posted by Rock Steady at 8:36 AM on September 5, 2012 [1 favorite]


Oh, and I must say I got a few things wrong in my posts above - three "local" calls to replace one "toll" call in a rural area.

Some of the 10/7 dialing / results were wrong but I'm too hungry (lunch time!) dial all of them all over again.
posted by tilde at 8:42 AM on September 5, 2012


Originally, it was possible to tell whether 3 digits were a Numbering Plan Area (NPA commonly called the "Area Code") or a Central Office Code (NXX or "prefix") because the NPA had a 0 or 1 as the second digit while a NXX had 2 through 9 as the second digit.

If this system had remained in place, it would be possible to differentiate between dialing a 10-digit number like 201-555-1212 and a 7-digit number like 555-1212.

However, the number of area codes available under this system proved to be too few; NPAs with 2 through 9 in the second digit are now used. Similarly, NXXes with a second digit of 0 or 1 are also now used.

Consider a specific example in my area: Eastern Nebraska was area code 402, and the Valentine area used the 531 NXX, so a Valentine number in the 10-digit system would be 402-531-abcd. In the 7-digit system it would be 531-abcd.

But in 2011, eastern Nebraska got a second area code as an overlay: 531. As soon as any 531 number is allocated, it's no longer possible to tell whether a customer in Valentine who has dialed 7 digits starting with "531" has dialed a complete number in the Valentine area, or has dialed only the first 7 digits of an area-code 531 number.

Even if the NXX didn't create ambiguity with the NPA, there's still a problem: The same NXXes will be used in the 402 NPA and the 531 NPA for different customers (otherwise the goal of having more numbers available would not be met) When 402-NXX-ABCD and 531-NXX-ABCD both exist, what would you do when a customer dials NXX-ABCD?

On the other hand, where you don't yet have an overlay you still can't enable transparently dialing either 7- or 10-digit numbers. Interestingly, it turns out that Valentine also has the 402 NXX (402-402-ABCD). So what did the switch have to do when a customer dials 7 digits starting "402", before mandatory 10-digit dialing? It dialed the Valentine number 402-402-ABCD, not wait for additional digits to complete a 10-digit number. 402-ABC-DEFG.
posted by jepler at 10:10 AM on September 5, 2012 [2 favorites]


Here in my area code, there are instances where, even when dialing to a number within the area code, you still have to dial the area code. It's confusing as hell.
posted by Thorzdad at 10:47 AM on September 5, 2012


Because some of the new area codes are overlay codes. You are "in" both the old area and the new area. Do you want 213 555 1212 or 646 555 1212 if you only dial 555 1212.

And not all telco equipment is as advanced as you think. There are some pretty old-ass local switches out there. And those are the ones that complain if you dial an area code for a local number.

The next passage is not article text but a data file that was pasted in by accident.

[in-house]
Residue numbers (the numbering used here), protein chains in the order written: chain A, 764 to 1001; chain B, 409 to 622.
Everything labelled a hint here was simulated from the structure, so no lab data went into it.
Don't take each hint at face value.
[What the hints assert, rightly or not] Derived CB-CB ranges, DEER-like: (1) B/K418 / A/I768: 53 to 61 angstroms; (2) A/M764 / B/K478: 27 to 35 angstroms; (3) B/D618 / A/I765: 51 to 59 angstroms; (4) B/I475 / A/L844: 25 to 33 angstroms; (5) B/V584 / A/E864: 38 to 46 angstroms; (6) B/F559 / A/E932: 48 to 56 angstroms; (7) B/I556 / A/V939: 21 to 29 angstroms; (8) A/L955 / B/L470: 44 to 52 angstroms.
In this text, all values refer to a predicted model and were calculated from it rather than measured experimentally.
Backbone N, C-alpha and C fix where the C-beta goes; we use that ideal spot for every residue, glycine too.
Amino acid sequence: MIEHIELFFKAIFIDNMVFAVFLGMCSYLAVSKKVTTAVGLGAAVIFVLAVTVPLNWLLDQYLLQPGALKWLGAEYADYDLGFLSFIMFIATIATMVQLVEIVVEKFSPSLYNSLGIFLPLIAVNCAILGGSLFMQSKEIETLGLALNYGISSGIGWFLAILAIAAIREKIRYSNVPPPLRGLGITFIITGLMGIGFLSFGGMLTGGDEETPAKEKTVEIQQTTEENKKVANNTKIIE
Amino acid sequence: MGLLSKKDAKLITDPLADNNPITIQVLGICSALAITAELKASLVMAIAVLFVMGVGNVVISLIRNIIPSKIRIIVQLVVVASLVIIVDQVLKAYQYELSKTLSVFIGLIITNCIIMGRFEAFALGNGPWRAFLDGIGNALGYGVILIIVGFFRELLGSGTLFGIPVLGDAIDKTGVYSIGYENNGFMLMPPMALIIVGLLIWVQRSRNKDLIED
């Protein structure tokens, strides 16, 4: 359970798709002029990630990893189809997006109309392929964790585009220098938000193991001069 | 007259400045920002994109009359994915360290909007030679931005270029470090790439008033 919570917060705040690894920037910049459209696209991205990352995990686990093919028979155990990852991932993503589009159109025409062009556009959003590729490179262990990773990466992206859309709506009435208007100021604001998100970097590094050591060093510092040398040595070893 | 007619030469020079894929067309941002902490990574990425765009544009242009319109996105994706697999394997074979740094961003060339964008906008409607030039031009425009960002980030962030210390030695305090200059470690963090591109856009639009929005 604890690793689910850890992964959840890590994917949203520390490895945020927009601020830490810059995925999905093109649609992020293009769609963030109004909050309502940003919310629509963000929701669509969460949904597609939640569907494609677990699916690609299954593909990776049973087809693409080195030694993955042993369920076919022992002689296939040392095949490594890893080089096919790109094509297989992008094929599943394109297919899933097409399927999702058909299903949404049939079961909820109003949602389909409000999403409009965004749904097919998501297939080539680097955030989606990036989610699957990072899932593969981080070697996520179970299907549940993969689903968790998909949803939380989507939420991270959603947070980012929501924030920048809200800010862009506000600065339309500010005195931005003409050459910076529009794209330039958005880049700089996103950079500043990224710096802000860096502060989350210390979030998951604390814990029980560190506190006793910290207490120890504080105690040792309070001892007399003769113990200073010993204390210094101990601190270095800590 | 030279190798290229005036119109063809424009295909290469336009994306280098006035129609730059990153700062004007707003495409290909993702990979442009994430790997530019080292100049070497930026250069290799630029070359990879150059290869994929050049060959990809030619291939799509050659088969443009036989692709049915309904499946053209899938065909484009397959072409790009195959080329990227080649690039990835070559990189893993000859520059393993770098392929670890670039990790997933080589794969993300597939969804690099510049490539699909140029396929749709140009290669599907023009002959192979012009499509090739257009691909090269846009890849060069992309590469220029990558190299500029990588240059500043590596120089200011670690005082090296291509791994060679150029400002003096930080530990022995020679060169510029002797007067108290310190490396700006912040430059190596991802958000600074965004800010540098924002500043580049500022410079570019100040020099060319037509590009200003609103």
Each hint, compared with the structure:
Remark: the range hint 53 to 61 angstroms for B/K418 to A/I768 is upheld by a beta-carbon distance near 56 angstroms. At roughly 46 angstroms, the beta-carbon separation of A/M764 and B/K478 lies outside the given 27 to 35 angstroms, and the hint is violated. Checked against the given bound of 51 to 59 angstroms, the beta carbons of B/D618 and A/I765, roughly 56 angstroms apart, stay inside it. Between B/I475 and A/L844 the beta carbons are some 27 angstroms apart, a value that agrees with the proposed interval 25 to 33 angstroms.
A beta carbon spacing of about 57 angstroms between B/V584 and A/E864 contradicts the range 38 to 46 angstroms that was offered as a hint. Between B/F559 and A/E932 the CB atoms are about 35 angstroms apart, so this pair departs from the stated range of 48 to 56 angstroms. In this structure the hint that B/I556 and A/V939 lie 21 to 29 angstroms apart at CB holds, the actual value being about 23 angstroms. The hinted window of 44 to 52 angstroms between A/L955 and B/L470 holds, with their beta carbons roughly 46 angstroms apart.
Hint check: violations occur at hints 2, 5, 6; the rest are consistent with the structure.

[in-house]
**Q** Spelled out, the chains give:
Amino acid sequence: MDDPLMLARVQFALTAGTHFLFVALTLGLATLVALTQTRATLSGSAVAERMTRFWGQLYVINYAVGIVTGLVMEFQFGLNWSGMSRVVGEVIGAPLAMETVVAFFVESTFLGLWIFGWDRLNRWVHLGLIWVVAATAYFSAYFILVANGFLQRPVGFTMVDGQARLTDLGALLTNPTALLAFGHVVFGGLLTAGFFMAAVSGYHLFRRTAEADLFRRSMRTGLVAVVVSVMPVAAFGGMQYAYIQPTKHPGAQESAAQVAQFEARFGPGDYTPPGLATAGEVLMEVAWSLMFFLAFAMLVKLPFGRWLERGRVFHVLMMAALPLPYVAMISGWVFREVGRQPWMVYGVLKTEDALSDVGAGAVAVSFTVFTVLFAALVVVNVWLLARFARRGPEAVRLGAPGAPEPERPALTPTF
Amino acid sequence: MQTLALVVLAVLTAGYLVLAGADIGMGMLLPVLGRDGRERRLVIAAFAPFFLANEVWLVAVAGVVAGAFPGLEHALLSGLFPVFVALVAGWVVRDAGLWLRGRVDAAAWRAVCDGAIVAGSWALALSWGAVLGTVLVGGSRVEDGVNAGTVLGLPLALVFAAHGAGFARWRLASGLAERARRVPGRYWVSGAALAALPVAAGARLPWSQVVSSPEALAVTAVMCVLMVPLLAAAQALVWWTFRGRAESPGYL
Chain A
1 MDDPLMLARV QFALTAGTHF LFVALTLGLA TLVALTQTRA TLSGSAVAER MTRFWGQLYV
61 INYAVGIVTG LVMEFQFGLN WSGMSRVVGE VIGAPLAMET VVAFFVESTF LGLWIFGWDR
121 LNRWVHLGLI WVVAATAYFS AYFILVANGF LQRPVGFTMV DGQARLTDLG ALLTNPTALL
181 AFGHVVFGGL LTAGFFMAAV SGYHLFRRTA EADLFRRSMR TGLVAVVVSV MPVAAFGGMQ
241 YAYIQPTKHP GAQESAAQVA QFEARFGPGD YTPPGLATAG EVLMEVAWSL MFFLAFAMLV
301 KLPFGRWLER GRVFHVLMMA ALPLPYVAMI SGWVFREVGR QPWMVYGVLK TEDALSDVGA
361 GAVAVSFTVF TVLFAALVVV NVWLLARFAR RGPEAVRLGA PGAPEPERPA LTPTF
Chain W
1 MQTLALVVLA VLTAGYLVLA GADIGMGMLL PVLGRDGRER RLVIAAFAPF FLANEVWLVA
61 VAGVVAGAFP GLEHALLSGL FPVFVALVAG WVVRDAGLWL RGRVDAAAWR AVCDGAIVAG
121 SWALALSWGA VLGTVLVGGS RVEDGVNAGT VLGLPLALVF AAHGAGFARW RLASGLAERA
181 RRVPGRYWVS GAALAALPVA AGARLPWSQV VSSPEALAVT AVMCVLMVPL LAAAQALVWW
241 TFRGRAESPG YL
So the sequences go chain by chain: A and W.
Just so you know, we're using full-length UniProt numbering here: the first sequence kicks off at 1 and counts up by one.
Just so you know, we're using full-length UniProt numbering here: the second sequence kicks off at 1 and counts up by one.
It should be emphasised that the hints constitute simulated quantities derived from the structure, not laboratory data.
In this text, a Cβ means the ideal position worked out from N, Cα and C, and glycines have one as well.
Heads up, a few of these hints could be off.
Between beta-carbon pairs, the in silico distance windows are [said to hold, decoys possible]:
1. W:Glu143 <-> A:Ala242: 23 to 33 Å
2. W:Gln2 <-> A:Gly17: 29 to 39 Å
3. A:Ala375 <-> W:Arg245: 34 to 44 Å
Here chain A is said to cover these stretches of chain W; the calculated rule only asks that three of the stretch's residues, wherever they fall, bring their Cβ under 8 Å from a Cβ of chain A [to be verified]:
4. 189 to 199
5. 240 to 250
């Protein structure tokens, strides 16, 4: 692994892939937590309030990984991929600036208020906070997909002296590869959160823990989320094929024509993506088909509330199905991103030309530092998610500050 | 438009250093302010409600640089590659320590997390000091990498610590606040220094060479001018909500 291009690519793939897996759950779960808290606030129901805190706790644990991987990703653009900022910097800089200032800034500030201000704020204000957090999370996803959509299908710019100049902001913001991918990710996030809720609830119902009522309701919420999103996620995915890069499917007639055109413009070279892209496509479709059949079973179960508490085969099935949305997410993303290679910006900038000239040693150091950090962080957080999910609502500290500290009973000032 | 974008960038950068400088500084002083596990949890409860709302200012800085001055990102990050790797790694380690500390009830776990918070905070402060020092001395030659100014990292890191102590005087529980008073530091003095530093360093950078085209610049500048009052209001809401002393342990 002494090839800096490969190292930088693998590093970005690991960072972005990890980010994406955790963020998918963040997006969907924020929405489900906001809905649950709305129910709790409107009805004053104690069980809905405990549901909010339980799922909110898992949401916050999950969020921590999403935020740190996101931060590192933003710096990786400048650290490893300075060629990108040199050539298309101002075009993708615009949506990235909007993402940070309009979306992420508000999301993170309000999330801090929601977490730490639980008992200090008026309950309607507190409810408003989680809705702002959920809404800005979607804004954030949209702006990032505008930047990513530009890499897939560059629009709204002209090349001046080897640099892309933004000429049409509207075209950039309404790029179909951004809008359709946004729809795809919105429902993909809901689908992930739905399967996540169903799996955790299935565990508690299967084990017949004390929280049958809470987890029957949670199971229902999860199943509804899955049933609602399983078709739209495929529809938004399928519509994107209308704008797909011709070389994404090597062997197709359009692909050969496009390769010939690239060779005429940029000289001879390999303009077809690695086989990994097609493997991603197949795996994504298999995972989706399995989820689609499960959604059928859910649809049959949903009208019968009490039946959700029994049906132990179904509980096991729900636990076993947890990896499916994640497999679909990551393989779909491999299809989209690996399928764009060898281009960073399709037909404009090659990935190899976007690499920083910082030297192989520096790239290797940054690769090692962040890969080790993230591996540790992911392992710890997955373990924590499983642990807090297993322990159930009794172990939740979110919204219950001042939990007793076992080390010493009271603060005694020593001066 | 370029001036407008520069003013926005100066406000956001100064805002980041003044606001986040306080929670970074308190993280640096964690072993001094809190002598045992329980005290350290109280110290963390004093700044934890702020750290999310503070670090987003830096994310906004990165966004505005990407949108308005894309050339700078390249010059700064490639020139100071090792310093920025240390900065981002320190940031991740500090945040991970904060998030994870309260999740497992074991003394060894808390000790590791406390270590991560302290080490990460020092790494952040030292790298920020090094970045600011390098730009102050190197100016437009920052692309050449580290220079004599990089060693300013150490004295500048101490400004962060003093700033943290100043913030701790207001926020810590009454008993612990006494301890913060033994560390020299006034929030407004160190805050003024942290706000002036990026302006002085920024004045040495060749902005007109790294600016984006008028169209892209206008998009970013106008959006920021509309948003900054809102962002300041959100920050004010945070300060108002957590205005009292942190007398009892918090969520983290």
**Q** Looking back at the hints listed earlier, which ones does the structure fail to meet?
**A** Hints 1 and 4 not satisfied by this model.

posted by gjc at 4:49 PM on September 5, 2012


1+10 digit dialing should always work regardless.

Only if you're dialing from a cell phone, not from POTS. Local calls never start with 1 on POTS.

The answer really depends on where you are.

I have a relative who lives in area code AAA, which is near area codes BBB and CCC, both of which have rate centers which are local.

In order to dial long-distance calls in any of the area codes, you must dial 1-NPA-NXX-XXXX.

In order to dial local calls within the area code AAA, you dial NXX-XXXX. 1-AAA-NXX-XXXX and AAA-NXX-XXXX do not work.

In order to dial local calls in area codes BBB or CCC, you must dial NPA-NXX-XXXX. 1-NPA-NXX-XXXX does not work, and NXX-XXXX also doesn't work, even though there was no exchange overlap as of a few years ago.
posted by one more dead town's last parade at 7:24 PM on September 5, 2012


Why is it that the phone company can't figure out whether or not an area code is needed when dialing - even when I can't - and just dial the number accordingly?

Are you referring only to local calls? Or are they toll? In any case, the switch is technologically capable of doing what you suggest. There are other considerations though.


Given that so many people use cell phones, where generally all 10 digits of a number are always used, and given that telco equipment is pretty advanced/computerized (right?), why not just accept 10 digits and complete the call, even if it's a number that doesn't "need" the area code to be dialed?

The former Worldcom/MCI (now know as Verizon Business) local network switches allow this. I'm pretty sure the old Ma Bell local networks don't. Could be due to regulations, could be due to there business practices.


-----
Here was part of my former, long winded, confusing answer that I'll toss in, too, as a bonus. Perhaps someone will find it useful: